Liz Marina Cardozo, an owner of Araras Coffee & More in White Plains, was giving me a quick tour of her cheery cafe — the shelves stocked with Brazilian products, the cooler with creamy desserts — when I asked if she was still making the alfajores I had heard about. The week had been too busy, she said, and inquired if I had sampled her version of the popular South American cookie on a previous visit. I said no.
Ms. Cardozo, who is almost always smiling, suddenly had the look of someone halfway through a Jodi Picoult novel. “Oh, my god, I’m so sad now — you have to try the alfajores,” she said. “You need to come on Saturday.”
Happy to have an excuse to stop by — Araras is an automatic mood elevator — I was back two days later. On the counter was a tray of alfajores — delicious, almost feathery rounds filled with dulce de leche and sprinkled with coconut. The owners, Ms. Cardozo and Celina Bredemann, specialize in desserts. Ms. Cardozo makes at least one cake a day, like carrot with a drizzle of chocolate or a dulce de leche cake dotted with plum and frosted with snow-white meringue. Ms. Bredemann makes the brigadeiros, the two-bite, truffle-like treats made with condensed milk and butter (flavors include coconut, almond, Nutella and a wonderfully intense chocolate).
Araras, which opened in late 2014, also offers a variety of tasty Brazilian snacks made by a friend of the owners. There are empadinhas, miniature potpies filled with chicken and a tart green olive. Quibe, the Brazilian version of the Lebanese kibbeh, avocado-shaped croquettes of bulgur wheat stuffed with ground beef. Esfirra, baked triangles with chicken, beef or ham and cheese. Coxinha, crunchy cones with chicken or a combination of chicken and the Brazilian cream cheese Catupiry; pastels, crisp rectangles with beef (my current favorite); and the slightly chewy, slightly cheesy puffs called pão de queijo, which make for a buoyant breakfast.
Everything on the menu, savory and sweet, goes well with the excellent coffee (from cups to cappuccinos), Café Tres Pontas from the state of Minas Gerais in southeastern Brazil.
It was coffee — Brazilian coffee — that led to the meeting of Ms. Cardozo and Ms. Bredemann, and then, several years later, to inspiring the idea for Araras.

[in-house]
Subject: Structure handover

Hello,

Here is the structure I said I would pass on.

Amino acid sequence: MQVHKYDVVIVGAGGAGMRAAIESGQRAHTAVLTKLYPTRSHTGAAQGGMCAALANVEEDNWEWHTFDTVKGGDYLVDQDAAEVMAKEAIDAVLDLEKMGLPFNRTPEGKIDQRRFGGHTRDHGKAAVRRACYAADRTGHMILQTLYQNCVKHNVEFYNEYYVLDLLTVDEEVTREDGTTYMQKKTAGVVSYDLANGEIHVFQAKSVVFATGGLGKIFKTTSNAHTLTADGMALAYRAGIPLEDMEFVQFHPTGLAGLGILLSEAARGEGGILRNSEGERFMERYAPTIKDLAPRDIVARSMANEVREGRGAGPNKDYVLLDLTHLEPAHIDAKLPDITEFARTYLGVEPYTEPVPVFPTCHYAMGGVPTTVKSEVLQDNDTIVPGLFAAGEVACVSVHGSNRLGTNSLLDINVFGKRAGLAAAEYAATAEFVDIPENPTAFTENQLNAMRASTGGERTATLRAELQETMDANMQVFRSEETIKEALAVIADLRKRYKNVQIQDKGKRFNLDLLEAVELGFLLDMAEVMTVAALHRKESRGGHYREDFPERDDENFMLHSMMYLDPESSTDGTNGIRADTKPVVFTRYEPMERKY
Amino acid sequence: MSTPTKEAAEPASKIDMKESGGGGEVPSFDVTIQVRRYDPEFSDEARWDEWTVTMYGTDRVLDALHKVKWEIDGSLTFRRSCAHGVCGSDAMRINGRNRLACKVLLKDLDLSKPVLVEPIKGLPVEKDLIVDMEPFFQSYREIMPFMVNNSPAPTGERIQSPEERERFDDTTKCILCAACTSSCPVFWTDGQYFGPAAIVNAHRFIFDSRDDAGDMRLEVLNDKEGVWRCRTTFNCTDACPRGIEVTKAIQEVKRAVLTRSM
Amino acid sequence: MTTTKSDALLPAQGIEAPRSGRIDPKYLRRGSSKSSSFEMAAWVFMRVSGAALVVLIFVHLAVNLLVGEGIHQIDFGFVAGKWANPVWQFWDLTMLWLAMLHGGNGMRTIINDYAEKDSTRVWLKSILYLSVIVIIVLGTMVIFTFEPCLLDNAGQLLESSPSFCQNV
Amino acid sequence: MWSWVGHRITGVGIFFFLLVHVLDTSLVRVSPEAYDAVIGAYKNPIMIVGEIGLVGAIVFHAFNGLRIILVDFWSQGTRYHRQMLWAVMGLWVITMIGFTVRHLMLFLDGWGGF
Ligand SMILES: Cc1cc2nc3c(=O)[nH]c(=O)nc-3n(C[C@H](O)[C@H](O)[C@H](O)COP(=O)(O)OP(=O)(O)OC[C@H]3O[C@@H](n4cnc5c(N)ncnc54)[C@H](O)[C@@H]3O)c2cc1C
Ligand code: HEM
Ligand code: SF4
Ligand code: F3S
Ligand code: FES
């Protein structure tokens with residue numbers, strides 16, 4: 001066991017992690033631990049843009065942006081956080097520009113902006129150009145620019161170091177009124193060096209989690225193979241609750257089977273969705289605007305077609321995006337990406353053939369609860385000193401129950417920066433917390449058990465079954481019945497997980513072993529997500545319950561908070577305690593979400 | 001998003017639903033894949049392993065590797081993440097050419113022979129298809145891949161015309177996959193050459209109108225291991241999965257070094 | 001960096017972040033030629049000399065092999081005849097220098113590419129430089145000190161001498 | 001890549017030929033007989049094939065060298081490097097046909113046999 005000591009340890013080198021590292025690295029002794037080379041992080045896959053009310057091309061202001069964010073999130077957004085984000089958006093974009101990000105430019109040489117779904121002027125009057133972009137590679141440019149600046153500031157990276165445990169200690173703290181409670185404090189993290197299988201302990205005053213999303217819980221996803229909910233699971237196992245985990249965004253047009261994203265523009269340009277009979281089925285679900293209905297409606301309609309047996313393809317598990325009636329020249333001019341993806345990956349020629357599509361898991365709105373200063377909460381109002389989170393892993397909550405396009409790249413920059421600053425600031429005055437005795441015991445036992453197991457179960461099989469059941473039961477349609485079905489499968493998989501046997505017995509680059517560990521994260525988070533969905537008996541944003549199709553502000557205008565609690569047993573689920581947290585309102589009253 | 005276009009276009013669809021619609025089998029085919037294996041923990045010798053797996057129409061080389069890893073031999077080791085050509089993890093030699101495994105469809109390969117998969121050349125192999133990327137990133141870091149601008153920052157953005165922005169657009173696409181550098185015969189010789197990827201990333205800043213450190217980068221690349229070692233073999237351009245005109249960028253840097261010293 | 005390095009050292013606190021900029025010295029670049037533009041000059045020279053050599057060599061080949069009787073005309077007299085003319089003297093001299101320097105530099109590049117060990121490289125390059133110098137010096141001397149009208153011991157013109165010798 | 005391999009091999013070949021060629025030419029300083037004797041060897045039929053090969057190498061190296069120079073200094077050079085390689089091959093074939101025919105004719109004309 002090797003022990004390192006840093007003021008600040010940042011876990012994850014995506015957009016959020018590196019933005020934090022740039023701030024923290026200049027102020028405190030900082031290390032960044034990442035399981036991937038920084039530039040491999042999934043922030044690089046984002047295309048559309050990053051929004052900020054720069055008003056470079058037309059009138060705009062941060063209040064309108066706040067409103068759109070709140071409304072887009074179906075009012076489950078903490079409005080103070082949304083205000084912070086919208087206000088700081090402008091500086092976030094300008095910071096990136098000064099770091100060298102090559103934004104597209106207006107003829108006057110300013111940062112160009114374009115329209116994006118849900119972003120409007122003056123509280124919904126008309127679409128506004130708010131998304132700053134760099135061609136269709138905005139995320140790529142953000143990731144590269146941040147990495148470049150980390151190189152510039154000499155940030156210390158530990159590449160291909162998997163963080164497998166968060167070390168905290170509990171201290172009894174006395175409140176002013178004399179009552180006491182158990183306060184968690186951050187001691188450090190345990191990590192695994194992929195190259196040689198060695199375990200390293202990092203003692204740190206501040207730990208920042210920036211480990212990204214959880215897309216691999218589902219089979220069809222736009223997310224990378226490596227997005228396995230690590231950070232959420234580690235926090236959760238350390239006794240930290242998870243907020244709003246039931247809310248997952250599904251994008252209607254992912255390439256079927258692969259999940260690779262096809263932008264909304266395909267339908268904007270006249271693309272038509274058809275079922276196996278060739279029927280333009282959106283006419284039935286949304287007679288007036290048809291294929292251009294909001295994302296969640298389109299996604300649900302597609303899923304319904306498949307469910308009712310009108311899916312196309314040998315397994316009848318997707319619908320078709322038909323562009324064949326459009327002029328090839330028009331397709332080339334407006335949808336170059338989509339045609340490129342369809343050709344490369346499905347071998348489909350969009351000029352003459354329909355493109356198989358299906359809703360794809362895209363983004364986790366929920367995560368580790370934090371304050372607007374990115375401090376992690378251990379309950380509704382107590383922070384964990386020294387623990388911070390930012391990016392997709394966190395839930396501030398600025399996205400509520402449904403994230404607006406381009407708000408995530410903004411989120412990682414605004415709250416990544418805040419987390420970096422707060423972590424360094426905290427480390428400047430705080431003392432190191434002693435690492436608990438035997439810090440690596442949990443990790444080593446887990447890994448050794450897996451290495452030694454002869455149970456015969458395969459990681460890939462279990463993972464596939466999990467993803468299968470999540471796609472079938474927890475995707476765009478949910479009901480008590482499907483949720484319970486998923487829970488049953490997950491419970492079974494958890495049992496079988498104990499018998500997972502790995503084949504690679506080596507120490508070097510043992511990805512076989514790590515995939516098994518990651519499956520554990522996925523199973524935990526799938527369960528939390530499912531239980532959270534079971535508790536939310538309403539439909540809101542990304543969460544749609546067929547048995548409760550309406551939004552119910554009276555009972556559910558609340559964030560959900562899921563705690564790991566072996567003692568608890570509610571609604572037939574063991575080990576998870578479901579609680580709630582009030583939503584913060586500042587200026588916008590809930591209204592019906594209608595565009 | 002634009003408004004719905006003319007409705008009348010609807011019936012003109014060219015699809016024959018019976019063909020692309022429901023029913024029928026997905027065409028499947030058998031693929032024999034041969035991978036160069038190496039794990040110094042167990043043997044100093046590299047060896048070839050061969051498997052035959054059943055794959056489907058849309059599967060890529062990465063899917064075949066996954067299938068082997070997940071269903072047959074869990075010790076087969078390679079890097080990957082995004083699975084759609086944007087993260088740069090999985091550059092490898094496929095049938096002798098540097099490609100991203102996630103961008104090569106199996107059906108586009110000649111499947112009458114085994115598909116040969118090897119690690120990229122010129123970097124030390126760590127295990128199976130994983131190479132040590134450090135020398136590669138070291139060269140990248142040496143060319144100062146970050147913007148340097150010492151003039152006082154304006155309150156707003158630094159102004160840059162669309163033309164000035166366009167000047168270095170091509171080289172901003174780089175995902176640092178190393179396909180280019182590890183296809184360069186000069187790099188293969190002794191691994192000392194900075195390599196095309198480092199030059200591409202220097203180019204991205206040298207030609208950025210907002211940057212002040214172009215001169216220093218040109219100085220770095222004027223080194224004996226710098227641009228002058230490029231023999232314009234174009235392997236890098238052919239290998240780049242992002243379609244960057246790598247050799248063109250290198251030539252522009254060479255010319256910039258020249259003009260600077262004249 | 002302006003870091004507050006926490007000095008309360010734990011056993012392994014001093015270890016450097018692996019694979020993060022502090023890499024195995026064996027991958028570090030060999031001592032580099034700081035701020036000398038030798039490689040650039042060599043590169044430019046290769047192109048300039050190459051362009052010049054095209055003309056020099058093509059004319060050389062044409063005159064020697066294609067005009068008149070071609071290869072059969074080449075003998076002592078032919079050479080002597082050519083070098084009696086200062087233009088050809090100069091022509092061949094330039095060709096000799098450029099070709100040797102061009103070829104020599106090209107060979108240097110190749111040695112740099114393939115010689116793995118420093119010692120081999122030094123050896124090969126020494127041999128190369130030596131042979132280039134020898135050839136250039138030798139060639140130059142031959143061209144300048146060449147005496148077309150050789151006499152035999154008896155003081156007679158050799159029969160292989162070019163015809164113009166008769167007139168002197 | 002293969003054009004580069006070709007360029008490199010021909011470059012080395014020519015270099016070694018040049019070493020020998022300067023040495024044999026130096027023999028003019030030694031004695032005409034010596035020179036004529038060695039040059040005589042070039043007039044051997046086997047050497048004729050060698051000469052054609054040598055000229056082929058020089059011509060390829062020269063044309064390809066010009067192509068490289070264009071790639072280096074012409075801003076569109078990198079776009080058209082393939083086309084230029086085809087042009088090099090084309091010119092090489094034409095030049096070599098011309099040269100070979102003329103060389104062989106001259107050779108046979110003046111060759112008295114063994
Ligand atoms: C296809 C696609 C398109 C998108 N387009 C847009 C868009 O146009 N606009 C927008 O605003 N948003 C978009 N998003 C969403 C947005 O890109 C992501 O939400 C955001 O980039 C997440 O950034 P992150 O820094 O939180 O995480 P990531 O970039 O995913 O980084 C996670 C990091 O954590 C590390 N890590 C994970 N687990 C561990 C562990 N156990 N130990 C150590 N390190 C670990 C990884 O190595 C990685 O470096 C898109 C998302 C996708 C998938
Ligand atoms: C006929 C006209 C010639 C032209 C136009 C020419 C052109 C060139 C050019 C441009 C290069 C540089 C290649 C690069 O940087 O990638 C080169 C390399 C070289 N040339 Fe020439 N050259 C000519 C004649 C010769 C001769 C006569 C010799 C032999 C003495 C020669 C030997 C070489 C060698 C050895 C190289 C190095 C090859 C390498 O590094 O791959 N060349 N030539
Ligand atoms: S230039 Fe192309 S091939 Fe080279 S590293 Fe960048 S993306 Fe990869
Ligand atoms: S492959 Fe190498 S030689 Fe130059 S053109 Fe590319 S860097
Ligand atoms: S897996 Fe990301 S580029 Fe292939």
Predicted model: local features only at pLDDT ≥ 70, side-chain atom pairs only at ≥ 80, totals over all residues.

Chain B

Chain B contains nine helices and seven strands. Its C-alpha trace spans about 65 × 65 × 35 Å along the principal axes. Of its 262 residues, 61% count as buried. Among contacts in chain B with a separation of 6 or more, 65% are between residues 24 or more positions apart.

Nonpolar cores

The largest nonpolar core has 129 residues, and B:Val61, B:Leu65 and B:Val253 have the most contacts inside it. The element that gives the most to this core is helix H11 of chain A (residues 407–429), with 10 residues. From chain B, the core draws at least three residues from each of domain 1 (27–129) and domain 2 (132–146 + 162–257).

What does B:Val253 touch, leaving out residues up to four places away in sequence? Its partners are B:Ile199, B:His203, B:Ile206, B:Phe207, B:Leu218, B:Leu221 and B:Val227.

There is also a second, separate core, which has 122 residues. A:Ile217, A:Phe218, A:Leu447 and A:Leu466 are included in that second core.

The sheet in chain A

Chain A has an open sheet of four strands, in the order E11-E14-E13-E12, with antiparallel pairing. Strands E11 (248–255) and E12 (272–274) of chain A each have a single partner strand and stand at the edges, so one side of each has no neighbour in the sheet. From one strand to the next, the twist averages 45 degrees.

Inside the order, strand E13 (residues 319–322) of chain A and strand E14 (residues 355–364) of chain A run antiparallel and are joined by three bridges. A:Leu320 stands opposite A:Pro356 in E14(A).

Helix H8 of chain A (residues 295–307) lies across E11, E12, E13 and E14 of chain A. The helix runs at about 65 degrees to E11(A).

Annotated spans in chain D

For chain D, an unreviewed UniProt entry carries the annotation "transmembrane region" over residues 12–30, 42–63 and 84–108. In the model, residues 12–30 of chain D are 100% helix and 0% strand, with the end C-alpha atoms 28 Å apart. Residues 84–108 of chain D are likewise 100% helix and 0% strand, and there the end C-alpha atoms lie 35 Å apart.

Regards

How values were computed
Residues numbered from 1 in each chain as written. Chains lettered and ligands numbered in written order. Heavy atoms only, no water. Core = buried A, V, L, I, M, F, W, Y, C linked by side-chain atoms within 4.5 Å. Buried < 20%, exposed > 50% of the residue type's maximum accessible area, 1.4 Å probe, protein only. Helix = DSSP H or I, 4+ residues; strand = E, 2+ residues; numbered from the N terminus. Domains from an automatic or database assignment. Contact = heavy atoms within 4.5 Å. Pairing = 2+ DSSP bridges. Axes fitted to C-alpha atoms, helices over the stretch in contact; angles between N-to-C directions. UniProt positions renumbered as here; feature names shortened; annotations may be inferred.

When Ms. Cardozo, who is from Paraguay, came to the United States in 2007, her search for good coffee took her to a store in White Plains called Alo Brasil.
“I was drinking all kinds of coffee but I need a strong coffee, I need to feel the flavor of coffee,” Ms. Cardozo said. “So that is the reason I went to Alo Brasil one afternoon.” She also happened to be looking for a job, “and I asked the owner of the store if he was looking for someone to work there and he said yes.” She paused for a beat. “And then I married him!” (She and Paolo Turato Salves have a 6-year-old daughter, Aleli.)
Ms. Bredemann, who is from São Paulo, was the manager at Alo Brasil, and after the store closed in 2012, she and Ms. Cardozo stayed in touch. Both said that they had always wanted to have their own cafe. And both can’t get enough coffee. (Ms. Cardozo: “I drink, like, four espressos a day.” Ms. Bredemann: “Coffee, I love the coffee. In the morning, the afternoon, the night. All day.”)
To help them get started, they enrolled in a program run by the local nonprofit group Women’s Enterprise Development Center. There, they decided on the name Araras, the Portuguese word for macaws (Brazilians “love this bird — it’s beautiful,” Ms. Bredemann said).
But Ms. Cardozo explained that they did not want to include Brazil or Brazilian in the business’ name “because we’re looking for everybody. You can be from Argentina, from China, from Russia.” But, she said, “if a Brazilian were walking here or driving and they see the name Araras, they will know that it’s a Brazilian place.”
The development center’s course “gave us some tips, some ideas, and they were saying don’t have fear to do what your dream is,” Ms. Cardozo said. “We were small when we started, it was so empty and now it’s so full. We are so happy and we are proud of ourselves.”
“We love the people,” Ms. Bredemann said. “We love the coffee shop. This is my dream coming true.”
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